There are numerous examples of political risk affecting the operations and profitability of energy companies – sometimes very seriously. Stephen O’Sullivan, Senior Visiting Research Fellow at the Oxford Institute for Energy Studies, discusses the three main risks from a historical perspective.

Energy companies around the world face a wide variety of risks and deal with these in their everyday course of business. These risks include technical, commercial and financial risks, all of which companies attempt to model, analyse and mitigate before taking investment decisions with substantial up-front costs and long-lasting payback periods.

One other important challenge that they face is that of political risk. This has been a feature of the global energy industry since its very beginning – most frequently perhaps in the oil and gas sector.

Many industries are global in nature, with international supply chains spread across the world to improve efficiency and drive down costs. Energy is undoubtedly one of the most global of industries, and energy companies are in a different category from companies which simply sell, for example, consumer goods into a range of countries or perhaps source materials from them for the manufacture of their products. Energy is truly global, for without it there is no supply chain, no consumer demand, no manufacturing output – or certainly a much-reduced level of all these activities. Energy security – or the creation of energy insecurity – can be said to be at the heart of the sector’s political risk, despite the fact that, in most cases, both sides to an agreement benefit from energy security because of their mutual interdependence.

Unsurprisingly, therefore, given its importance, governments have taken a far greater interest in the activities of oil and gas companies both on their own territory and elsewhere in the world. It is this interest – whether positive or negative – that continues to create political risk for the oil and gas sector. As the energy transition continues, those risks are likely to become evident – albeit in different forms – in other parts of the global energy industry.

The most obvious political risk is nationalisation, where a company’s assets are stripped from it, with or without compensation, or unilaterally changed by the host country government. However, changes in the regulations governing the industry, while less dramatic, can have equally significant impacts on the industry. Finally, oil prices may appear at first sight to be a different type of risk and one that companies should mitigate through their commercial operations. However, given the propensity of major oil producers to attempt to manipulate the market, these too are, in effect, a political risk.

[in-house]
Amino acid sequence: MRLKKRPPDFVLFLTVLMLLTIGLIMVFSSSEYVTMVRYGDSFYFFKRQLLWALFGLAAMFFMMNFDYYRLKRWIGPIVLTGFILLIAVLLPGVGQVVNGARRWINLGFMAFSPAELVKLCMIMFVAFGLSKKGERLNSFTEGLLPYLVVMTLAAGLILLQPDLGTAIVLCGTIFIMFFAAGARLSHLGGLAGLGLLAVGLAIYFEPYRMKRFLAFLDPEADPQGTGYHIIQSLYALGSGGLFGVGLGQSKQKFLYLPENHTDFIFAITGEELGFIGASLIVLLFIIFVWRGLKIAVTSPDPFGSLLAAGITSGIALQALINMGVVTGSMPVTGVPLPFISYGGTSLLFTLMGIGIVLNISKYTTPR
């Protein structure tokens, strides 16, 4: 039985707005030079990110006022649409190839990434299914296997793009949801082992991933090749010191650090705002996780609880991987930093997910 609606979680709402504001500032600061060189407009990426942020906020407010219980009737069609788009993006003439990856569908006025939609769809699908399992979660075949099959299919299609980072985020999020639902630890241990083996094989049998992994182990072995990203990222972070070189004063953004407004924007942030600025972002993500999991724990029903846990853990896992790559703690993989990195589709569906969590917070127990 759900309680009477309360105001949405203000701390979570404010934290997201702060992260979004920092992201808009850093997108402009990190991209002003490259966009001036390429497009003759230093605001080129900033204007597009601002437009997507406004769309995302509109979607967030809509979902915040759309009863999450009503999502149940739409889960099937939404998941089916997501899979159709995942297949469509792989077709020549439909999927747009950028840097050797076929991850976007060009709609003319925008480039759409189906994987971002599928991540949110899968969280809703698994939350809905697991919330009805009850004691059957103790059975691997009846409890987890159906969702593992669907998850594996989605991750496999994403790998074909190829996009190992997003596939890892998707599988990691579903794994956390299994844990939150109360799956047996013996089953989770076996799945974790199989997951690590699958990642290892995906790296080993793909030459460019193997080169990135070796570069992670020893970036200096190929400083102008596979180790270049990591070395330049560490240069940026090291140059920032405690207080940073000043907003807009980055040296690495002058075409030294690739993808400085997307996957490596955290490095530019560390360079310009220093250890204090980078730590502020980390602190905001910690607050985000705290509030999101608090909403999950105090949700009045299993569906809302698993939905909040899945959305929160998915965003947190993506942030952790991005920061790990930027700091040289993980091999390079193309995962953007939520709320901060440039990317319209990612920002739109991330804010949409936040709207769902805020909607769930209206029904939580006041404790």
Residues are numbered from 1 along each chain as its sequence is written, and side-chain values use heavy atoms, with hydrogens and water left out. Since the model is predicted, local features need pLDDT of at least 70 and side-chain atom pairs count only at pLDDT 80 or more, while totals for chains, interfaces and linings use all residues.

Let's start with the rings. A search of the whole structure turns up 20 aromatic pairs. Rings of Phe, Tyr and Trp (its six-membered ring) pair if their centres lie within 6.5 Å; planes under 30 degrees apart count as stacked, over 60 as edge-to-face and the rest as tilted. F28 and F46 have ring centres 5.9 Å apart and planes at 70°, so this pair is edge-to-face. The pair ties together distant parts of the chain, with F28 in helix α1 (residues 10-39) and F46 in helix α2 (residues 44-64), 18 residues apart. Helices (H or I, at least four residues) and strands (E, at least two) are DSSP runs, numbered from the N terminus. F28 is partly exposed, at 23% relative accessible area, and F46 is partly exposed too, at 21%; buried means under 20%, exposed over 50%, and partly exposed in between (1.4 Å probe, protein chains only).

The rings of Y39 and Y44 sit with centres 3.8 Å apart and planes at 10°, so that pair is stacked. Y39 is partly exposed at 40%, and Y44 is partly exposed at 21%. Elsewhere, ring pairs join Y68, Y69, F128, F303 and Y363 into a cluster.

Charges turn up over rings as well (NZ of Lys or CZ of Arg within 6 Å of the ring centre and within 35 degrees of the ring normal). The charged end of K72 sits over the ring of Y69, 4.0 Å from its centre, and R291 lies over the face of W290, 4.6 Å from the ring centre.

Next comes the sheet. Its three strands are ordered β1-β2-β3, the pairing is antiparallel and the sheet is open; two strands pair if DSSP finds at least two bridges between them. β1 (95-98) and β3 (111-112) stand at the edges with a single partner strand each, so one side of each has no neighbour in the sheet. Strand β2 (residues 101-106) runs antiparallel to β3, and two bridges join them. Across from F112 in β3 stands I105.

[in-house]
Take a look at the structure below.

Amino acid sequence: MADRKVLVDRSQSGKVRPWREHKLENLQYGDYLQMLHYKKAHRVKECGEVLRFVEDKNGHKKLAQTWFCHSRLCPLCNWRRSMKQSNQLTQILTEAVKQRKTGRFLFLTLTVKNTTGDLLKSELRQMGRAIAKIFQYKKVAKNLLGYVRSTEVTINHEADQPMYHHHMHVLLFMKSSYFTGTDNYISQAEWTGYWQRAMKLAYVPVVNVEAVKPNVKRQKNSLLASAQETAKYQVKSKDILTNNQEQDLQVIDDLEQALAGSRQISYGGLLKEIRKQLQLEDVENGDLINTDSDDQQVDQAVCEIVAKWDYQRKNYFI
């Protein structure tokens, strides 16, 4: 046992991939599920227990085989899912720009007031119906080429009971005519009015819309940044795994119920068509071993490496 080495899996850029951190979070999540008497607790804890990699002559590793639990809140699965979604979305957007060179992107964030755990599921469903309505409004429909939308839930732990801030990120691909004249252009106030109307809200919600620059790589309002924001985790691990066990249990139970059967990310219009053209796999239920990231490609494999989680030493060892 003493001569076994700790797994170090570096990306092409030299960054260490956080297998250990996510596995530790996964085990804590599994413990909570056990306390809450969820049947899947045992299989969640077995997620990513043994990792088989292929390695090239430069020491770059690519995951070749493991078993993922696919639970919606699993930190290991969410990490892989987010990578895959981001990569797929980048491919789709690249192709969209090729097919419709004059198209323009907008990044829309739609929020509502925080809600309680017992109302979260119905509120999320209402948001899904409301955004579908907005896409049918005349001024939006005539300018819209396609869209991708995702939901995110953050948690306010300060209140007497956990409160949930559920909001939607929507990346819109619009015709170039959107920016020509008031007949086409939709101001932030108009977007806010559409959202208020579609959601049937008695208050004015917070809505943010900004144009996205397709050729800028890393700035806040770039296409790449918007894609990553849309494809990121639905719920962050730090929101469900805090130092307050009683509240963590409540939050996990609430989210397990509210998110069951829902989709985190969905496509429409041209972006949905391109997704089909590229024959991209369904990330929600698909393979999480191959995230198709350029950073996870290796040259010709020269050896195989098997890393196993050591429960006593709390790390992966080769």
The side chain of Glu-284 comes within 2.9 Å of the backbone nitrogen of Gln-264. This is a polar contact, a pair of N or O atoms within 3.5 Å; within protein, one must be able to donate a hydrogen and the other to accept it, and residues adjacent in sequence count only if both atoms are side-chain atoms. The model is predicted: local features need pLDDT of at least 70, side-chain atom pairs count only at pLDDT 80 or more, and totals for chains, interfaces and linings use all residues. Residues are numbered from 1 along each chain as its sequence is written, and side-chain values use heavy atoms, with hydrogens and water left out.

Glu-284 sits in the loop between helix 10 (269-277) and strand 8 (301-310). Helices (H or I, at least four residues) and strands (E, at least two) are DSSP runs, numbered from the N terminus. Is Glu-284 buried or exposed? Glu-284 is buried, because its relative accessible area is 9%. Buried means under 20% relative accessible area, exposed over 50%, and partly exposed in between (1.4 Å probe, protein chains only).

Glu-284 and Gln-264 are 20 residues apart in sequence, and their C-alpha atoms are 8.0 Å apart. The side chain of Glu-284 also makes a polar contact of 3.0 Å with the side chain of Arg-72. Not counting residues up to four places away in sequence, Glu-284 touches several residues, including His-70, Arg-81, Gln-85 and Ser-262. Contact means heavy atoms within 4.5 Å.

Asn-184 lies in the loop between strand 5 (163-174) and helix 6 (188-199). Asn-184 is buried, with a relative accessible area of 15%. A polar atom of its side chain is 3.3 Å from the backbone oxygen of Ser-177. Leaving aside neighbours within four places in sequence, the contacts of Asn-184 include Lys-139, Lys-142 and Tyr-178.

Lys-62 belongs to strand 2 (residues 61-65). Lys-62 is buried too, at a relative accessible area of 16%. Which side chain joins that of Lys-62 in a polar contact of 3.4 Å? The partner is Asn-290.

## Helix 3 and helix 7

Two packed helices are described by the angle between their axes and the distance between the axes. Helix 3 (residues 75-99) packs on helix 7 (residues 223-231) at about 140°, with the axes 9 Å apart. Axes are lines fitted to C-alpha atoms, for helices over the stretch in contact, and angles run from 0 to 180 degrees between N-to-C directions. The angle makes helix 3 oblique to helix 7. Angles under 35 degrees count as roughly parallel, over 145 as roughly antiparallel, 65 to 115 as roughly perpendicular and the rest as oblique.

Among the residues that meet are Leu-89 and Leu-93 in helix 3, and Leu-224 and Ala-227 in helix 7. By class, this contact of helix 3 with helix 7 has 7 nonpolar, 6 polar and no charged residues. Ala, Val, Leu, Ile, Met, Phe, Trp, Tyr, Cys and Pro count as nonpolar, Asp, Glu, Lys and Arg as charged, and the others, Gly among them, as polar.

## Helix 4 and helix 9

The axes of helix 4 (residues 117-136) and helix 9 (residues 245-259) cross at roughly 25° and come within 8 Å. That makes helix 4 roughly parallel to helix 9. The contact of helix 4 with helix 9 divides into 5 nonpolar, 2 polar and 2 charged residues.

There are numerous examples of political risk affecting the operations and profitability of oil and gas companies – sometimes very seriously. Three main risks are discussed below but other risks such as terrorism, wars and secession also often emerge as serious challenges.

Nationalisation – Iran

In 1951 the new government of Iran nationalised the Anglo-Iranian Oil Company’s concessions (which represented the bulk of Iran’s oil reserves and production as well as being described as the United Kingdom’s “single largest overseas asset”). The unexpected loss of its Iranian assets, which dated back to the D’Arcy Concession of 1901, was a significant challenge to both the company and its principal shareholder the British government. A court case failed to resolve the matter since the International Court of Justice determined that it did not have jurisdiction, which shows that negotiated solutions to the political risks which erupt from time to time cannot always be found.

The dispute was resolved both military and politically when the British navy blockaded Iran’s oil ports and the UK government imposed sanctions on the country. In 1953 the Iranian government of Prime Minister Mohammad Mossadegh was toppled in a coup and Mohammad Reza Pahlavi reinstated as Shah. In 1954, the Anglo-Iranian Oil Company renamed itself British Petroleum. In 1979, political risk re-emerged when the Shah of Iran went into exile before the Iranian Revolution took place. Iran subsequently nationalised BP’s assets (which by then were held through Iranian Oil Participants along with those of several other oil companies).

Regulation – Europe

It may not appear to be a risk on the same scale as having in-country assets nationalised or prices collapsing after commissioning a large project with a long payback period, but changes to the regulations governing the operations of oil and gas companies have emerged as major political risks facing the industry as countries and populations reconsider oil companies’ social licence to operate. Here again, unilateral changes to agreements to the disadvantage of the oil and gas company can have serious adverse consequences.

Fundamental changes are taking place in the world’s energy system. Within the energy transition, energy efficiency and renewable energy have moved centre stage in many countries, with Europe being one of the main regions where this shift is underway. Rapidly developing technologies coupled with falling costs have made this change possible. The change is spreading beyond the electricity sector into areas such as personal mobility and buildings. Regulatory initiatives are continually being launched to promote, support and, where necessary, subsidise renewable energy as a way of replacing carbon-based fuels in the energy mix.

Coal is the obvious first target. Coal consumption in Europe has been declining for the past eight years as the continent switches away from the fuel – a similar decline can also be seen in the US. The decline in European oil and gas use is more recent and more mixed, with European consumption of oil falling for the least three years while gas demand seems to have plateaued. The US picture is slightly different, oil use has risen for the past eight years while gas use has also risen, in this case for the last three years. Two major economies with differing demand profiles for the use of carbon-based energy. The main difference between them is the regulatory framework governing the energy industry and the fact that Europe has taken a conscious decision to embrace the energy transition and promote its advance – a policy absent from the US.

Price – Saudi Arabia